Managerial efficiencies can have one the one hand positive effects through returns to scale as well as returns to scope in the case of a product diversifying merger, and on the other hand negative effects when diseconomies of scale arise because of organizational inefficiencies.[13] Group of Ten (2001) argues that managerial efficiency gains “could lower risk by increasing expected returns, pushing up the efficient risk-return frontier, and providing more of a buffer against variation in returns.”[14] This underlies the assumption that for every risk level on the efficient frontier, through the merger there are higher expected returns than by just combining the two banks’ stocks in an investor’s portfolio. This can only be the case if the efficiency gains themselves do not add much to the volatility of the merged bank’s returns. The assumption appears reasonable, but for a final assessment one might need more specific knowledge on the source of the efficiency gains.

2.2 Risk effects of geographic and product diversification

When analyzing risk effects of bank mergers, most research concentrates on potential benefits from diversification. Following the deregulation in the 1990s, US bank mergers offer chances for risk decreases due to geographic and product diversification. When banks located in different geographic locations merge, low or even negative correlations between the merged entities’ returns may lead to a portfolio diversification effect, implying a lower variance of returns.[15] A combination of different business lines may lead to a similar effect as long as correlations between the merged activities are low.[16]

However, a possible diversification effect of merging the parties’ asset portfolios does not necessarily imply a reduction of risk. Merged banks also tend to use the benefits of diversification to be able to decrease their regulatory capital and to involve in additional risky activities,[17] e.g. “to shift from securities to loans and take on additional credit risks and earn higher expected returns for the same amount of equity and overall risk”[18]. This behavior is referred to the “diversification hypothesis”[19].

Moreover, correlations between the businesses of a banking conglomerate are not always small or negative. They can also be positive, especially if management expands in related business areas where it perceives the bank to have a “comparative advantage”[20].

There are even indications that risk of failure can increase through diversification. The bad performance of one business unit can have adverse effects on the whole banking conglomerate because “the consolidated entity has a franchise value and a brand name that are intimately intertwined with all of its businesses”[21]. For instance, depositors could withdraw their funds, if only a small division of the conglomerate faces a shock, implying higher liquidity problems and higher financing costs. Thus, the correlation between business units increases through just merging them. Moreover, the financial distress of one division in a banking conglomerate can lead other units or even the whole conglomerate into trouble because the distressed unit is not winded down like if it was operated stand-alone.[22] Also the local regulator being responsible for a conglomerate’s subsidy is not likely to “sit idly by and allow a retrenchment of bank funds and commitments of support”[23], if the unit faces bankruptcy. Conversely, the holding company might be charged so that the distressed division could “cripple the entire entity”[24].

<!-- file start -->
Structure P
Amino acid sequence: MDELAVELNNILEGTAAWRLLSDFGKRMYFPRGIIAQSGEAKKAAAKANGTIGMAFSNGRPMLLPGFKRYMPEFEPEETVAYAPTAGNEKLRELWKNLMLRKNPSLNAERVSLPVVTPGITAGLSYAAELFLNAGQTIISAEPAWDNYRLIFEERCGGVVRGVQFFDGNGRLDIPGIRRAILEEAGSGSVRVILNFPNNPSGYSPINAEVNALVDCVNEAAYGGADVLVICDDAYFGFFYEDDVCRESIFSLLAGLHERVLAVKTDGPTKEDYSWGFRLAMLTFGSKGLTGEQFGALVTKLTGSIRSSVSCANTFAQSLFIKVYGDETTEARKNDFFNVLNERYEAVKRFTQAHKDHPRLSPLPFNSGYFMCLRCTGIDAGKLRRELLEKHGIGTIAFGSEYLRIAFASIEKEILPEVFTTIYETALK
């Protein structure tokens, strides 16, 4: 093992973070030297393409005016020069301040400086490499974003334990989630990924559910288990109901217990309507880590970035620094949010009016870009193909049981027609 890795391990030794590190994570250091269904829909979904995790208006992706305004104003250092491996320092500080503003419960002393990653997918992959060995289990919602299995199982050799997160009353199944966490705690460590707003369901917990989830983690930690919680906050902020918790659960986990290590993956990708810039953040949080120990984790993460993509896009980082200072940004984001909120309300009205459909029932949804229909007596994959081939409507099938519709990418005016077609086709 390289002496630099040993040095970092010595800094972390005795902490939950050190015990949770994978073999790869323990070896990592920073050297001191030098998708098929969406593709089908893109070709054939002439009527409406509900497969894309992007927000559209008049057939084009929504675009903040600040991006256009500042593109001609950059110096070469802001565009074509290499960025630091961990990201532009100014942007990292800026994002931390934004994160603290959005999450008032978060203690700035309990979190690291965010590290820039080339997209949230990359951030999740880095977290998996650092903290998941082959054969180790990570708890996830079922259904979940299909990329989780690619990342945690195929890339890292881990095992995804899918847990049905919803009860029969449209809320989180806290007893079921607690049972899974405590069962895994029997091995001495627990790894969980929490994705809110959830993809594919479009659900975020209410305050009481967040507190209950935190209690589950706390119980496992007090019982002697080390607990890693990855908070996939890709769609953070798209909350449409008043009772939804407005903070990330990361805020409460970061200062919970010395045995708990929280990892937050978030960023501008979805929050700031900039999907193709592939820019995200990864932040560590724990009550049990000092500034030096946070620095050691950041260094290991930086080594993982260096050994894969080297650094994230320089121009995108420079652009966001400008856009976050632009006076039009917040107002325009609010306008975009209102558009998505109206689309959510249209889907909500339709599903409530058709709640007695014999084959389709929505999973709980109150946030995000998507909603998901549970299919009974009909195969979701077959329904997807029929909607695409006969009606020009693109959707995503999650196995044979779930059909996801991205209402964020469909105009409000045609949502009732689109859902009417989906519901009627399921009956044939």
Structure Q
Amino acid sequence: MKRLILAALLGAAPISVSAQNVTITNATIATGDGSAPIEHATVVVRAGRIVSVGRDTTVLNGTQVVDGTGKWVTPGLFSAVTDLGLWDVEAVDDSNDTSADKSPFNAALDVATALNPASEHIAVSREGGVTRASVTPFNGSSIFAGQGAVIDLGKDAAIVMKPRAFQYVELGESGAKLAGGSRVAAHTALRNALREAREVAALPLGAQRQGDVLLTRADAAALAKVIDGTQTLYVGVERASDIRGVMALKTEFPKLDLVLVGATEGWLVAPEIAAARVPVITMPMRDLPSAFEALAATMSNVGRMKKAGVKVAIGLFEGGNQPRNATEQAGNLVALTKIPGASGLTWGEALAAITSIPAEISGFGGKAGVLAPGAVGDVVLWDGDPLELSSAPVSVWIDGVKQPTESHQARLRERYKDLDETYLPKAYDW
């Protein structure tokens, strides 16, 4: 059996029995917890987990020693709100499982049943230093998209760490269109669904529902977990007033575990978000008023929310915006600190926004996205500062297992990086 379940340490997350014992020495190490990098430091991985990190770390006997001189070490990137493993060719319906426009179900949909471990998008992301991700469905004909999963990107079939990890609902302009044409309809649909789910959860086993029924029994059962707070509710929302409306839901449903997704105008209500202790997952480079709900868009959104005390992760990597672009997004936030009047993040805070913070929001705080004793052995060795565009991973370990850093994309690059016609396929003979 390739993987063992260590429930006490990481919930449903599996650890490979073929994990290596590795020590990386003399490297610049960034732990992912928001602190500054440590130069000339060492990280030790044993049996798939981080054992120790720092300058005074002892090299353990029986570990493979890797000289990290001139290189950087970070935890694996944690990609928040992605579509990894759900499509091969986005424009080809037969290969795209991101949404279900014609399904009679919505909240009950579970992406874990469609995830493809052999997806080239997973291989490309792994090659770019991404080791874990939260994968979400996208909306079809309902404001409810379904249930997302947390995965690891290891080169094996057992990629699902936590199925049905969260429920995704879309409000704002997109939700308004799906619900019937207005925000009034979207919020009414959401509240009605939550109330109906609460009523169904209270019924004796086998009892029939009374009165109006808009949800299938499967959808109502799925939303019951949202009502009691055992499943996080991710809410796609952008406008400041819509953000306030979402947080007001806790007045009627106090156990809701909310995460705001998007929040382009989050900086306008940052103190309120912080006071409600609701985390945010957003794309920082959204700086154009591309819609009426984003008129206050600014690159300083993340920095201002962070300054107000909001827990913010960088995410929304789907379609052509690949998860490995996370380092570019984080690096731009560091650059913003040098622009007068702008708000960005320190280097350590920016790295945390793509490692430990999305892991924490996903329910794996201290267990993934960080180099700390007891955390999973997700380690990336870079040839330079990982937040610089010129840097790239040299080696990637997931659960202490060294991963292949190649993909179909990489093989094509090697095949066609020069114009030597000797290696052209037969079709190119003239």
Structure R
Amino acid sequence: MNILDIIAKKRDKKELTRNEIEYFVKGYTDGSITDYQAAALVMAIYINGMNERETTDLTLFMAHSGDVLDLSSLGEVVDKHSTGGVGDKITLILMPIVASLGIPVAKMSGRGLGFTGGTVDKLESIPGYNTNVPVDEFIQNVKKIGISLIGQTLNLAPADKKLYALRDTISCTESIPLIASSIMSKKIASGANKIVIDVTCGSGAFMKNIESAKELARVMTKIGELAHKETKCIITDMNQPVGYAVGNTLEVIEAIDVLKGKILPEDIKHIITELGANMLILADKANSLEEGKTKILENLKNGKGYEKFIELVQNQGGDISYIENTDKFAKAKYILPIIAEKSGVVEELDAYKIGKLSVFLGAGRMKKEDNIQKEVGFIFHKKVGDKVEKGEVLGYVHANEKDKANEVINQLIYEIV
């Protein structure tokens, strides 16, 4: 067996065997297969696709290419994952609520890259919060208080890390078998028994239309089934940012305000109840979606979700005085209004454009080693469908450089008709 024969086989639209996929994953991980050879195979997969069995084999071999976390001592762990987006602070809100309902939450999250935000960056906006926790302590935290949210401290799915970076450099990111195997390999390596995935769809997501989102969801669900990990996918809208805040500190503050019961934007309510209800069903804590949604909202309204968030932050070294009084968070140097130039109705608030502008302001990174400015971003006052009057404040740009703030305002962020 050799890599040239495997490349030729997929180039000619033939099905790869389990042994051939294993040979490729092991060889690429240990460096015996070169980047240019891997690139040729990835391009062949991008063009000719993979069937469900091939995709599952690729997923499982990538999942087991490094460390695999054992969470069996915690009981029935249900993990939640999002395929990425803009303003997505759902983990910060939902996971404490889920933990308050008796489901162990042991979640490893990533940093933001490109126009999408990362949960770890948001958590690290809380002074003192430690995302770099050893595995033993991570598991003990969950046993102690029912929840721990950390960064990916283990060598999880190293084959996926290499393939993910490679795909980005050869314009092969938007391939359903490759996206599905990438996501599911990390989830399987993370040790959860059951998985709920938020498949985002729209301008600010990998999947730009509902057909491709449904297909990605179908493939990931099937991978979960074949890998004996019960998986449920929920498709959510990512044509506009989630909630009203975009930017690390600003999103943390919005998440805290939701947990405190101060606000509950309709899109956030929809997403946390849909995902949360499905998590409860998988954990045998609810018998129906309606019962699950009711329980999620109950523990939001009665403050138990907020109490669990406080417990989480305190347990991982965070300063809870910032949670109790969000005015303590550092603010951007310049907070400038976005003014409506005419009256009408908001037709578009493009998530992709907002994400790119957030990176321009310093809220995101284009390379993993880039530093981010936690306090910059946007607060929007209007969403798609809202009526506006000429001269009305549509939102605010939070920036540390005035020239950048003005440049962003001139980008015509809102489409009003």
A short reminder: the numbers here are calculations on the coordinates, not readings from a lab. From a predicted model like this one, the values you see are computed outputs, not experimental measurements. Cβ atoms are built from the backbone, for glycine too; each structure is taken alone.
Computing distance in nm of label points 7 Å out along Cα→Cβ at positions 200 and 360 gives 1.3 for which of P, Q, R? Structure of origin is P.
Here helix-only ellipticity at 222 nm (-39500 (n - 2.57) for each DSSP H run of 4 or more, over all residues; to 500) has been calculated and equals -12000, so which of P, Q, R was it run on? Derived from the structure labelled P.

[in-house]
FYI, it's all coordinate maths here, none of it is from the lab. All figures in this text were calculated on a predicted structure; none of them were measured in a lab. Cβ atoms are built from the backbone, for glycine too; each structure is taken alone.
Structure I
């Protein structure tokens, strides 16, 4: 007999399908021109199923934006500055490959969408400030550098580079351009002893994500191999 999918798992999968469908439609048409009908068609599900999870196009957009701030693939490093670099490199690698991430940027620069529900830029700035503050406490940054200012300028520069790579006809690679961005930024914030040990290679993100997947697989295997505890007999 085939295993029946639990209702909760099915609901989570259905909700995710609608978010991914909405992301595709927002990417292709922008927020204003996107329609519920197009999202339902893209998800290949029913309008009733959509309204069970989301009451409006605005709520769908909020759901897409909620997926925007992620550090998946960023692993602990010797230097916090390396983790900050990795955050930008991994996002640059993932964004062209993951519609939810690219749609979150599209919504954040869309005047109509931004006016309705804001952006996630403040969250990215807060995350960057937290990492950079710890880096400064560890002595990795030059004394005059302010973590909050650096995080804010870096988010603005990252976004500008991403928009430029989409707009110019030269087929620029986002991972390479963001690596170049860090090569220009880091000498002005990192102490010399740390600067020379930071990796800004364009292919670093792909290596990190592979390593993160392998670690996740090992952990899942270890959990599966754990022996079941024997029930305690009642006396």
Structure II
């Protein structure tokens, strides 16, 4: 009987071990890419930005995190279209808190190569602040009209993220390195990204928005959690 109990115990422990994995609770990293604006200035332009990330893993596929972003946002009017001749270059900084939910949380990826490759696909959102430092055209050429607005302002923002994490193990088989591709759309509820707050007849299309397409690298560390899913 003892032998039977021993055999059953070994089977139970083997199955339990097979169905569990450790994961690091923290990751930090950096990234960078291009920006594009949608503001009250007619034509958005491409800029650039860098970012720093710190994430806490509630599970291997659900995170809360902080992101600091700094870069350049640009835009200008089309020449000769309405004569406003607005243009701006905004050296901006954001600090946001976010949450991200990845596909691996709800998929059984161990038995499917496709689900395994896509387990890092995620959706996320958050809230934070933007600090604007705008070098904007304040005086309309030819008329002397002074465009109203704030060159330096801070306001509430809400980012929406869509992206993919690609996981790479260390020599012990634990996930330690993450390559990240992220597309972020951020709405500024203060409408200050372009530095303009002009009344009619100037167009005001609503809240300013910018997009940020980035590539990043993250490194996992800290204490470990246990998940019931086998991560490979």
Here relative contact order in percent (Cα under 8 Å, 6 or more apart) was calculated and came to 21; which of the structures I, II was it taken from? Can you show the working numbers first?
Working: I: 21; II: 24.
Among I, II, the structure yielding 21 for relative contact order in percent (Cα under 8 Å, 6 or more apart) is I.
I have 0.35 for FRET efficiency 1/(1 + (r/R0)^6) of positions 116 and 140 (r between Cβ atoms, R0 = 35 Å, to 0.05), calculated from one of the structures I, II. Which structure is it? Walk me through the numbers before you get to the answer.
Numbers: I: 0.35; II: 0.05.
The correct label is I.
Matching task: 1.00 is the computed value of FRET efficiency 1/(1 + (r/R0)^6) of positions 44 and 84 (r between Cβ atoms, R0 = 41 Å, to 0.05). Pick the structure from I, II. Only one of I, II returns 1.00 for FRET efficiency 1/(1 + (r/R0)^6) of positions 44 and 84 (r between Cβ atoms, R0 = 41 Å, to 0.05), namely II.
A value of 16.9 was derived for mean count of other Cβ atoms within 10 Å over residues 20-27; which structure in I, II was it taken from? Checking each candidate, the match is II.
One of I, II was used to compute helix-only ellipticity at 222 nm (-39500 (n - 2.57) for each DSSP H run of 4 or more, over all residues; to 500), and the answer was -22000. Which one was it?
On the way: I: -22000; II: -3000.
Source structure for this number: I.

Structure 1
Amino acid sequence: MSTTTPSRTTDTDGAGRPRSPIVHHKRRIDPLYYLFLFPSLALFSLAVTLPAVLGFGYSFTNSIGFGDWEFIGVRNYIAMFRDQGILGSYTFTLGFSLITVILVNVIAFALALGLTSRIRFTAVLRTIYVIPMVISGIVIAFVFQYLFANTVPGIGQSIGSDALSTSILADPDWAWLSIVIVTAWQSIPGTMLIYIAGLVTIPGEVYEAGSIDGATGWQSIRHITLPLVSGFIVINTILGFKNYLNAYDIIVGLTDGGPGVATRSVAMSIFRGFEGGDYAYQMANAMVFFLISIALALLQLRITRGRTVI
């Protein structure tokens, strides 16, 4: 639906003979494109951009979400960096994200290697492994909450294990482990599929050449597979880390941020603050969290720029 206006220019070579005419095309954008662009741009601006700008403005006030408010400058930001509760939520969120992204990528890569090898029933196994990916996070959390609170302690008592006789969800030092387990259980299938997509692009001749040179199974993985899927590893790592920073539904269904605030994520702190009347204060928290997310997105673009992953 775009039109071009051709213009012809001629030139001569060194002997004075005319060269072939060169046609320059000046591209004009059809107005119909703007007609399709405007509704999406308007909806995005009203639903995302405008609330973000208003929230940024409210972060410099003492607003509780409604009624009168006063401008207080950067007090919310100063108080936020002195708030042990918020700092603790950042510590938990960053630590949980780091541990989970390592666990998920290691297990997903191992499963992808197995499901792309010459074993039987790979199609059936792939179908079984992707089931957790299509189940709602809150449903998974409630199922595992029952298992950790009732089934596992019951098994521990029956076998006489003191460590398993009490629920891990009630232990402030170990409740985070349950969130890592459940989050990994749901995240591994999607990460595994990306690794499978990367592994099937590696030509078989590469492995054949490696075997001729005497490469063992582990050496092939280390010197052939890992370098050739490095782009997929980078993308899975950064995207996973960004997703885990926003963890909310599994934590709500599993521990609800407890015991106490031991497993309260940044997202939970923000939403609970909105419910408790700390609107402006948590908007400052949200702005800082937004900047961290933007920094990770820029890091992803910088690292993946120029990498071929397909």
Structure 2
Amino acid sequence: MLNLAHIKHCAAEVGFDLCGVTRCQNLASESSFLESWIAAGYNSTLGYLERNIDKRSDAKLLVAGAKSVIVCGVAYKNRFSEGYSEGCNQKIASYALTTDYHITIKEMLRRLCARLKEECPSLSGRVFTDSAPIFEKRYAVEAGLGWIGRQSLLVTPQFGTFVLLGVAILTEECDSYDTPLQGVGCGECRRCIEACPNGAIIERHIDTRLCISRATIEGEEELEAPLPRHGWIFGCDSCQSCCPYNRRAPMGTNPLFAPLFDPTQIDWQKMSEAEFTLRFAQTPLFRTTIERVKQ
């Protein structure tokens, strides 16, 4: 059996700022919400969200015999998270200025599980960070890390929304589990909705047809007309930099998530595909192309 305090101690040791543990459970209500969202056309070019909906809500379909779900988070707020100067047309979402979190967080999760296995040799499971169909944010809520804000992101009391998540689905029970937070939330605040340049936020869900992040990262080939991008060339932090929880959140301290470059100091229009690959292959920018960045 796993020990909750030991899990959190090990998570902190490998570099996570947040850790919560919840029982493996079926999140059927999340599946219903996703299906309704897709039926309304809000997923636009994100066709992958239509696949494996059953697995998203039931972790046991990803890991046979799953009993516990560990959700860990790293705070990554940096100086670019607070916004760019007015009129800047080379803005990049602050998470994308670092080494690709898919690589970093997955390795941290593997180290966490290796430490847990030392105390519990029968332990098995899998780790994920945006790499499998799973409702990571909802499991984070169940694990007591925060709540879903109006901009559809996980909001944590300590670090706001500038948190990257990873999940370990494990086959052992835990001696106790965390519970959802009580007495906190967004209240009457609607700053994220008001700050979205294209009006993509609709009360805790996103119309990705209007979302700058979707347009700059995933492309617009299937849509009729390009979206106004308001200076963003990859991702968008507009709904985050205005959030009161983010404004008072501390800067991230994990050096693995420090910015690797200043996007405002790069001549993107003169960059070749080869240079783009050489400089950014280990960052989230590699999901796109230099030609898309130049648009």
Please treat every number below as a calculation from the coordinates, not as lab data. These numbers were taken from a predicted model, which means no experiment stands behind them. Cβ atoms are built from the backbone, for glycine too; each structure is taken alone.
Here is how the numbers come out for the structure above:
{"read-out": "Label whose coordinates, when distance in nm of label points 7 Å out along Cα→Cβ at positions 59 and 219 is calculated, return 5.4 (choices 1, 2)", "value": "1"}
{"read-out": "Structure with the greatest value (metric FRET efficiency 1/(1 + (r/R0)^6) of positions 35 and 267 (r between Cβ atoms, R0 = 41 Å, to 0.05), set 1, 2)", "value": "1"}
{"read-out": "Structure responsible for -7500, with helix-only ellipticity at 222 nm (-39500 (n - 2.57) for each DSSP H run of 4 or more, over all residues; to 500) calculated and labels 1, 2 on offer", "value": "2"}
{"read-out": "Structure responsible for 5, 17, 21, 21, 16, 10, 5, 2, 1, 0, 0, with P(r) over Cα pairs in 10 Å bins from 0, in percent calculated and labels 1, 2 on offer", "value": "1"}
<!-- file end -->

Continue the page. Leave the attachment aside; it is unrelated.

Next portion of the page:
Referring to Winton (1999), potential benefits from diversification are also linked to the skewness of the merging banks’ return distributions and to loan monitoring effectiveness and incentives. A low acquirer’s as well as a high target’s downside risk provide little incentive for diversification. Moreover, risk decreases from diversification are less likely to occur when monitoring effectiveness in the newly entered sector is low. Diversification can increase the bank managers’ incentives to monitor loans so that risk is reduced. However, this effect is also constrained by skewness of returns and monitoring effectiveness. A deeper discussion of these issues can be found in Appendix A.

To sum up, risk benefits from diversification cannot be taken for granted. They might occur when correlations between the merged banks’ returns are low, but the realization of risk decreases is constrained by managers’ objectives, by the skewness of the merging parties’ return distributions, and by the effectiveness of monitoring.

2.3 The link between risk and value

Generally a decrease of a firm’s risk because of a more diversified asset portfolio can be assumed to have zero value effect because investors can diversify themselves by choosing their portfolio of preference.[25] If an investor selects a portfolio consisting of two banks’ stocks, he will only take portfolios into consideration that are located on the efficient risk-expected return frontier. A merger of the two banks would just represent one point on this efficient frontier. So a risk decrease due to diversification following a merger would simply mean that there occurred a move on the efficient frontier because the banks’ asset portfolios’ returns are not perfectly correlated. Consequently the investor will not pay a premium for this merger since the move on the efficient set curve depicts a trade-off between risk and expected return. Vice versa, a value increase can only be assumed, if the merger achieves a shift-up of the efficient frontier so that a higher expected return can be gained for diversified risk.[26]